'The child died as he was born, in between my legs'
On 2 January, Shamimu Nabasirye gave birth to a baby boy, who died as he was born.
Nabasirye had attended antenatal clinics at the rural Namwezi sub-county health centre, three times in nine months, where she was always advised to do less of her daily household chores and get more rest. She knew this was not possible but she nodded her head in agreement to make the midwife happy.
“I was at home without help, doing many chores to sustain my three children from a failed marriage as well as my new husband, Isima, who is a casual worker in Jinja town,” she says. “I had to wash clothes, fetch water and firewood from a distance of 5km, prepare food and also dig the fields. At the end of every day, I was extremely tired and yet I also had to satisfy the sexual needs of my partner,” says Nabasirye.
She first got pregnant at the age of 15. “I was at my parent’s home in Bugerere and in a primary school,” she says. Her parents forced her to marry the man who had impregnated her. When the marriage failed, she moved to a village near Njeru town in Buikwe district, 54km from Uganda’s capital, Kampala, in search of work. There she met Isima.
When Nabasirye went into labour this month, she could not afford the transport costs to go to Namwezi health centre. She needed about £5 to hire a car to get there, about a week’s earnings for her husband – but he had not been paid his wages for November or December.
Her husband was still at work when her labour pains started. When she couldn’t get hold of the money for a car, her neighbours advised her to seek help from the , who often helps women give birth even when they do not have cash, knowing they will come back to pay later.
“This woman saved my life, although she did not save my baby,” says Nabasirye, refusing to name or blame the birth attendant. “The child died as he was born, in between my legs.”
According to Ugandan custom, the baby had to be buried in her husband’s village, Bugiri, which is 80km from where the couple live. It is not done to take a coffin on public transport, and yet the couple did not have the £40 need to hire a private vehicle to take them to Bugiri.
The couple put their baby son’s body into a suitcase and took it as luggage on the public minibus which carries about 14 passengers.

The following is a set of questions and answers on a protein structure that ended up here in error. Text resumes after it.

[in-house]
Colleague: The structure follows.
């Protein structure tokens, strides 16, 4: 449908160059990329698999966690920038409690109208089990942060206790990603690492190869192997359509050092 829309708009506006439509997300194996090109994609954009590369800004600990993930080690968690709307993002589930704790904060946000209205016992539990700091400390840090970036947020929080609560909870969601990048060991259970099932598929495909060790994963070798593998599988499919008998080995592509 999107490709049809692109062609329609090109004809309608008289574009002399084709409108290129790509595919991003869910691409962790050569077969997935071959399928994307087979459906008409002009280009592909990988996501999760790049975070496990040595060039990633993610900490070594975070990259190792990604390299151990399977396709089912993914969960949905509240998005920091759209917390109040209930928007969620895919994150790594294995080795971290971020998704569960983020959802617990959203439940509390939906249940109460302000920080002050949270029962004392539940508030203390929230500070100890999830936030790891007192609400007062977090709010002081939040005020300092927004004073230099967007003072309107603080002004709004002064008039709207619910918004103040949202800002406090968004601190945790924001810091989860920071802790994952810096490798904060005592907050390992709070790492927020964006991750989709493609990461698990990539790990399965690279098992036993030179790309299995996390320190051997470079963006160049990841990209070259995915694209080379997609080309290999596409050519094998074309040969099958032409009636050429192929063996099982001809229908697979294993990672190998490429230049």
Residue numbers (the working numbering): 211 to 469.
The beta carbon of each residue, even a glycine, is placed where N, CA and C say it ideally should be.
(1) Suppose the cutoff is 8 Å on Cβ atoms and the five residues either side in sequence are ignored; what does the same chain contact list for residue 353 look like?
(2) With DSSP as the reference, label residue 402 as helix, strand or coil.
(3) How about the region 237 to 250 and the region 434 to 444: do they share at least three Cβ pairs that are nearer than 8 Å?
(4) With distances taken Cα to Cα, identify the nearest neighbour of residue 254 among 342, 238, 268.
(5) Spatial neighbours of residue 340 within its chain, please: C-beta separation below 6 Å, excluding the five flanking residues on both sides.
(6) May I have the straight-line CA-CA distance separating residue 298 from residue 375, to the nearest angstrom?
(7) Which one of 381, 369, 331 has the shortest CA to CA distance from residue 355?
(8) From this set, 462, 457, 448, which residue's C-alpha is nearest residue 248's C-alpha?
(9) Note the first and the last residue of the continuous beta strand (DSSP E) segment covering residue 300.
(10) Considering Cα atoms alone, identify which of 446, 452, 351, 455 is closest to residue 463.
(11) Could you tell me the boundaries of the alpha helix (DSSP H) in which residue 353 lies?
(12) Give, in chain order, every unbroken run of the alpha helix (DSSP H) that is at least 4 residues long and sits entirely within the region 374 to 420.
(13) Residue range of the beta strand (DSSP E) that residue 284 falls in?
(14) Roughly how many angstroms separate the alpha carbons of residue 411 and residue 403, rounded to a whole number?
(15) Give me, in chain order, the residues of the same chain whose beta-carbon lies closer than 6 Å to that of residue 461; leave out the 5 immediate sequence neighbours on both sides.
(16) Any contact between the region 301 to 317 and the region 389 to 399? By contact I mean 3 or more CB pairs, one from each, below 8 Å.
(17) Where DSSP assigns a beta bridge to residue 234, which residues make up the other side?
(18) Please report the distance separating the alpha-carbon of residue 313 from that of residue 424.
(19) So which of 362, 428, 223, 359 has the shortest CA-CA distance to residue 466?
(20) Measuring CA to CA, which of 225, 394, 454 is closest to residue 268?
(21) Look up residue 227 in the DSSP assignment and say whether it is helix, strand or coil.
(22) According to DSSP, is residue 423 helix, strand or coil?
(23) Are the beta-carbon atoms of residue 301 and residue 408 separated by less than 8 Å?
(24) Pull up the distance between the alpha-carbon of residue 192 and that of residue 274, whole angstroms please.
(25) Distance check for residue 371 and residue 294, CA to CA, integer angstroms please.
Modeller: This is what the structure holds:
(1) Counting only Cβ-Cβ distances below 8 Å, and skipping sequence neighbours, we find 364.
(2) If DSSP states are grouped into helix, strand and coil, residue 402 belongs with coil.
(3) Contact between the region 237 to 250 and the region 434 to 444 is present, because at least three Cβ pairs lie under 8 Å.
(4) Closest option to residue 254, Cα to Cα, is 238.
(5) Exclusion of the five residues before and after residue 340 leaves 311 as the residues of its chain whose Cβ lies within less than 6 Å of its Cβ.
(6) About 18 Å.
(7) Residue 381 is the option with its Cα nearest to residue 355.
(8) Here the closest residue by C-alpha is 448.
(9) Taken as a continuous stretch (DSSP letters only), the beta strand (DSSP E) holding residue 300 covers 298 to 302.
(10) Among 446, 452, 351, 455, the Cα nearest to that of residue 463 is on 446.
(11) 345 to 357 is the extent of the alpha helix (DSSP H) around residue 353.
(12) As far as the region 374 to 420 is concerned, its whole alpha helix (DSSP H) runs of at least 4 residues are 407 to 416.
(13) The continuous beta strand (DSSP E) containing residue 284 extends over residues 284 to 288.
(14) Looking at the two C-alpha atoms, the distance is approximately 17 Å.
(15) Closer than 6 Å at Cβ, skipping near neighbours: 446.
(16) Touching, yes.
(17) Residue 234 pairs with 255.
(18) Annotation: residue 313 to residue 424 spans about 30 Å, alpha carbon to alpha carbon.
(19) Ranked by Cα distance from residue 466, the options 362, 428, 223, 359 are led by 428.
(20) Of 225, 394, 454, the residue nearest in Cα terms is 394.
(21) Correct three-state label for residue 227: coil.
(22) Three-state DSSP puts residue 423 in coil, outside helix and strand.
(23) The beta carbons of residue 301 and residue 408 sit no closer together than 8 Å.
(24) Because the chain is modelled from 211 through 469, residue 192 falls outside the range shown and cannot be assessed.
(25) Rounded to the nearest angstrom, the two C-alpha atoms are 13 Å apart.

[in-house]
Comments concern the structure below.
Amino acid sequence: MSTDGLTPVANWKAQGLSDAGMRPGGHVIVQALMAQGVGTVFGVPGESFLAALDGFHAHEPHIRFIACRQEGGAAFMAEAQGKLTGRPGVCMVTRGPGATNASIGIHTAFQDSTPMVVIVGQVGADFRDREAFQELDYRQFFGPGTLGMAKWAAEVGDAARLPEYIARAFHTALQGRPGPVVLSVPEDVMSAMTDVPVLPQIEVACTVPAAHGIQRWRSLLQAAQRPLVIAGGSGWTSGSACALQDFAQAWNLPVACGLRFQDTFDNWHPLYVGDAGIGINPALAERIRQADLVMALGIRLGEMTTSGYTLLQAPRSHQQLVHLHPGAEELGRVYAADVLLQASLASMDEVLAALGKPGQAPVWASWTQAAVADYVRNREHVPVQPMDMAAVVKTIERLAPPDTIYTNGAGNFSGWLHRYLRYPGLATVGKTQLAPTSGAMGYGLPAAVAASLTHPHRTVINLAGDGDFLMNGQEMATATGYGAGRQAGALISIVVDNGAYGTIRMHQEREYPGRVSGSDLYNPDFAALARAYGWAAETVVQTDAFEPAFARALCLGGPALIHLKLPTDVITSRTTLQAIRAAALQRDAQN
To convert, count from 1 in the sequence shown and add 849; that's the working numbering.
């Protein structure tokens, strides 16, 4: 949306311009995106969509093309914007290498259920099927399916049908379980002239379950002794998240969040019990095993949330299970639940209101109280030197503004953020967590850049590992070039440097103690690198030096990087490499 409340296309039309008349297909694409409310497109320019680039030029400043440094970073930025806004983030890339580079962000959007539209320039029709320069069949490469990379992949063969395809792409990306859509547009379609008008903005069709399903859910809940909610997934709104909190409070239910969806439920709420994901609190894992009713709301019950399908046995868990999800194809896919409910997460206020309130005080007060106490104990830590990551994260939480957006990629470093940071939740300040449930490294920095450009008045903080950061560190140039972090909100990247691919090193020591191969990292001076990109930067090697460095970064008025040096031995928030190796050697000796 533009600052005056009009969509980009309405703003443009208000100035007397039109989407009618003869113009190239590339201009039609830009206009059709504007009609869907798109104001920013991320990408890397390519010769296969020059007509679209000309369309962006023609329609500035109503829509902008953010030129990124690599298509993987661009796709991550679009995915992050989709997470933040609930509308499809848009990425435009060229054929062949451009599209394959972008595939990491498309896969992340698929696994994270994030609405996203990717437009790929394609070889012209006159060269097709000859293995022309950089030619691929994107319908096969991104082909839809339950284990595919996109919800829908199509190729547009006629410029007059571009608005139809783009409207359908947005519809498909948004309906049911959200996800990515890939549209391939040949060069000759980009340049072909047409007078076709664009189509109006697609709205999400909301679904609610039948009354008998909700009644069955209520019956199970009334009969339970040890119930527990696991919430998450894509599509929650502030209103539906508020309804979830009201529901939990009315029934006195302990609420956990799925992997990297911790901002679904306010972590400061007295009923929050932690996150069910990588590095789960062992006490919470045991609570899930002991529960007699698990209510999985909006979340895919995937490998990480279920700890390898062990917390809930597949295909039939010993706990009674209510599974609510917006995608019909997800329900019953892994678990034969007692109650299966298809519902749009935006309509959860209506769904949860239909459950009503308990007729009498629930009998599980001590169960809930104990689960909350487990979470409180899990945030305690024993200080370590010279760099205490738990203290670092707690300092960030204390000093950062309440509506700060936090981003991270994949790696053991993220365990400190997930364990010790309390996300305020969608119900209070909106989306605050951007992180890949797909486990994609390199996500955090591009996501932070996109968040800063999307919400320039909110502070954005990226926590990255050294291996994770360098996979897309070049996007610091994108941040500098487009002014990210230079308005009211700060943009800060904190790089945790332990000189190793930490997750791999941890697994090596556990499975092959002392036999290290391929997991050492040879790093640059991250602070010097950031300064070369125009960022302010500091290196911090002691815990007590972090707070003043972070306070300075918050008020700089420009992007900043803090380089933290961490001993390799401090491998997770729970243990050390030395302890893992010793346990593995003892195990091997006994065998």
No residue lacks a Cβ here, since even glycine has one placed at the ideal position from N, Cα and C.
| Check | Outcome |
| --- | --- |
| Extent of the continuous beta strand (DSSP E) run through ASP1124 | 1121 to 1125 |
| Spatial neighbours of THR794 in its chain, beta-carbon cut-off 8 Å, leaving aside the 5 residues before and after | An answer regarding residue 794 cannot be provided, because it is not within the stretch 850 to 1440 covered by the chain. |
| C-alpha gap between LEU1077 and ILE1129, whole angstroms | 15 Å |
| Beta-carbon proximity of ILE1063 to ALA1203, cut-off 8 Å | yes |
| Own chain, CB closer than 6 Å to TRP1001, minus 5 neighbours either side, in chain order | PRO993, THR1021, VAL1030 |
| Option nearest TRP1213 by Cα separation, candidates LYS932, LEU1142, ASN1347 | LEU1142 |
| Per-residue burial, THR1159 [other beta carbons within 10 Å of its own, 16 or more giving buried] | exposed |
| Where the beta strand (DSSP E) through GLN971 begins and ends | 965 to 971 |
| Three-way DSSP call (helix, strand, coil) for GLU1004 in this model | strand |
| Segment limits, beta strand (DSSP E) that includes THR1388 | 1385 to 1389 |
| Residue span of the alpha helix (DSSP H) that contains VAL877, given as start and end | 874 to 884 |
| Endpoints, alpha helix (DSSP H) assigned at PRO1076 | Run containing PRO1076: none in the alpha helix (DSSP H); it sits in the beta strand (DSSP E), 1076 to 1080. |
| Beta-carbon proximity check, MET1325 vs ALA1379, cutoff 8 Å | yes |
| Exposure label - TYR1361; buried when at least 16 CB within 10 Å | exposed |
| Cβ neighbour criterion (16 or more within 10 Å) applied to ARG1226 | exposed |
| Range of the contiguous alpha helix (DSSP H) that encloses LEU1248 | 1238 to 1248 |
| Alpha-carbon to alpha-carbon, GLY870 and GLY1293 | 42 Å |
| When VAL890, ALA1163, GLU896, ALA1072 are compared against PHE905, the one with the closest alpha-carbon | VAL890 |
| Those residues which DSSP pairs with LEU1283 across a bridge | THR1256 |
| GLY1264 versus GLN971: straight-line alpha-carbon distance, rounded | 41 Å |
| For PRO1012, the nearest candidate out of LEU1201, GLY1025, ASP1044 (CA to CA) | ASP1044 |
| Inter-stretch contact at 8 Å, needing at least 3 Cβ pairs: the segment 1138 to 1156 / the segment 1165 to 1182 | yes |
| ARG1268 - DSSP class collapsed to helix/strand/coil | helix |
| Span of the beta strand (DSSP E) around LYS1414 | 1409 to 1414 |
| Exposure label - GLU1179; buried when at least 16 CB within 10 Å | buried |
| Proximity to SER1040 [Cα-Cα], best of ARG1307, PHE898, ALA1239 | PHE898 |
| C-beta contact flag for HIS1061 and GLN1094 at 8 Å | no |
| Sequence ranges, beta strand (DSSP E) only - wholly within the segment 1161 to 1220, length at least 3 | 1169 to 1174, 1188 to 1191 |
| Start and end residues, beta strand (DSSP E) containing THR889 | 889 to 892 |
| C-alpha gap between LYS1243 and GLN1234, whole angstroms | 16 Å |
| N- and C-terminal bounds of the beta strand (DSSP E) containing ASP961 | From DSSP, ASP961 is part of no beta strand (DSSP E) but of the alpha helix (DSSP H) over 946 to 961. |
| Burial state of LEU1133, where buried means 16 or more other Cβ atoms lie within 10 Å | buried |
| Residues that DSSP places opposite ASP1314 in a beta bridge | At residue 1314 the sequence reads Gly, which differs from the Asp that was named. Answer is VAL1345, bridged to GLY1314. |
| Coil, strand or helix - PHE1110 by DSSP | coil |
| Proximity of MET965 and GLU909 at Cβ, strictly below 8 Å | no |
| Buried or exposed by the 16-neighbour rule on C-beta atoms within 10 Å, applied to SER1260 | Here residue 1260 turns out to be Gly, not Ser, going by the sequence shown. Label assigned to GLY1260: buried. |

“I felt so bad having to transport my baby that way,” she says, with tears rolling down her face. “We had to pack clothes on top on his body, lest people suspect we were transporting a dead body. Even if your child dies at birth, he should be buried well. No one escorted us from where we live although when we arrived in the village there were a few people waiting for us to attend our son’s burial.”
Nabasirye says people have accused her and her husband of not being prepared with enough cash for the birth of their child, but that sometimes such situations are unavoidable. “My husband hadn’t been paid for two months. He also feels bad that he lost his first born child, but people just blamed us. I feel bad too but God will help us get another child,” she says.
Saddam Longa, the local civil defence officer in the couple’s village, says stillbirths in his area “trouble many women and go unnoticed all the time. die and children die. It is the order of the day. Sometimes the medical personnel are blamed, sometimes it is women who miss antenatal and medical examination.”
He says sometimes health workers ask pregnant women for payment – which they may not have. Longa believes that the Ministry of must discipline these health workers, otherwise pregnant women and their babies will continue to die in and out of hospital.
Nabasirye says she will be ready with cash when she gets pregnant again, because her experience has taught her a lot.
But Faridah Luyiga, from the citizen-led campaigning network White Ribbon Alliance , says: “We are holding the government to account for the health services they have promised to the people. This can prevent the painful losses suffered so often in silence by mothers and fathers in my country.”
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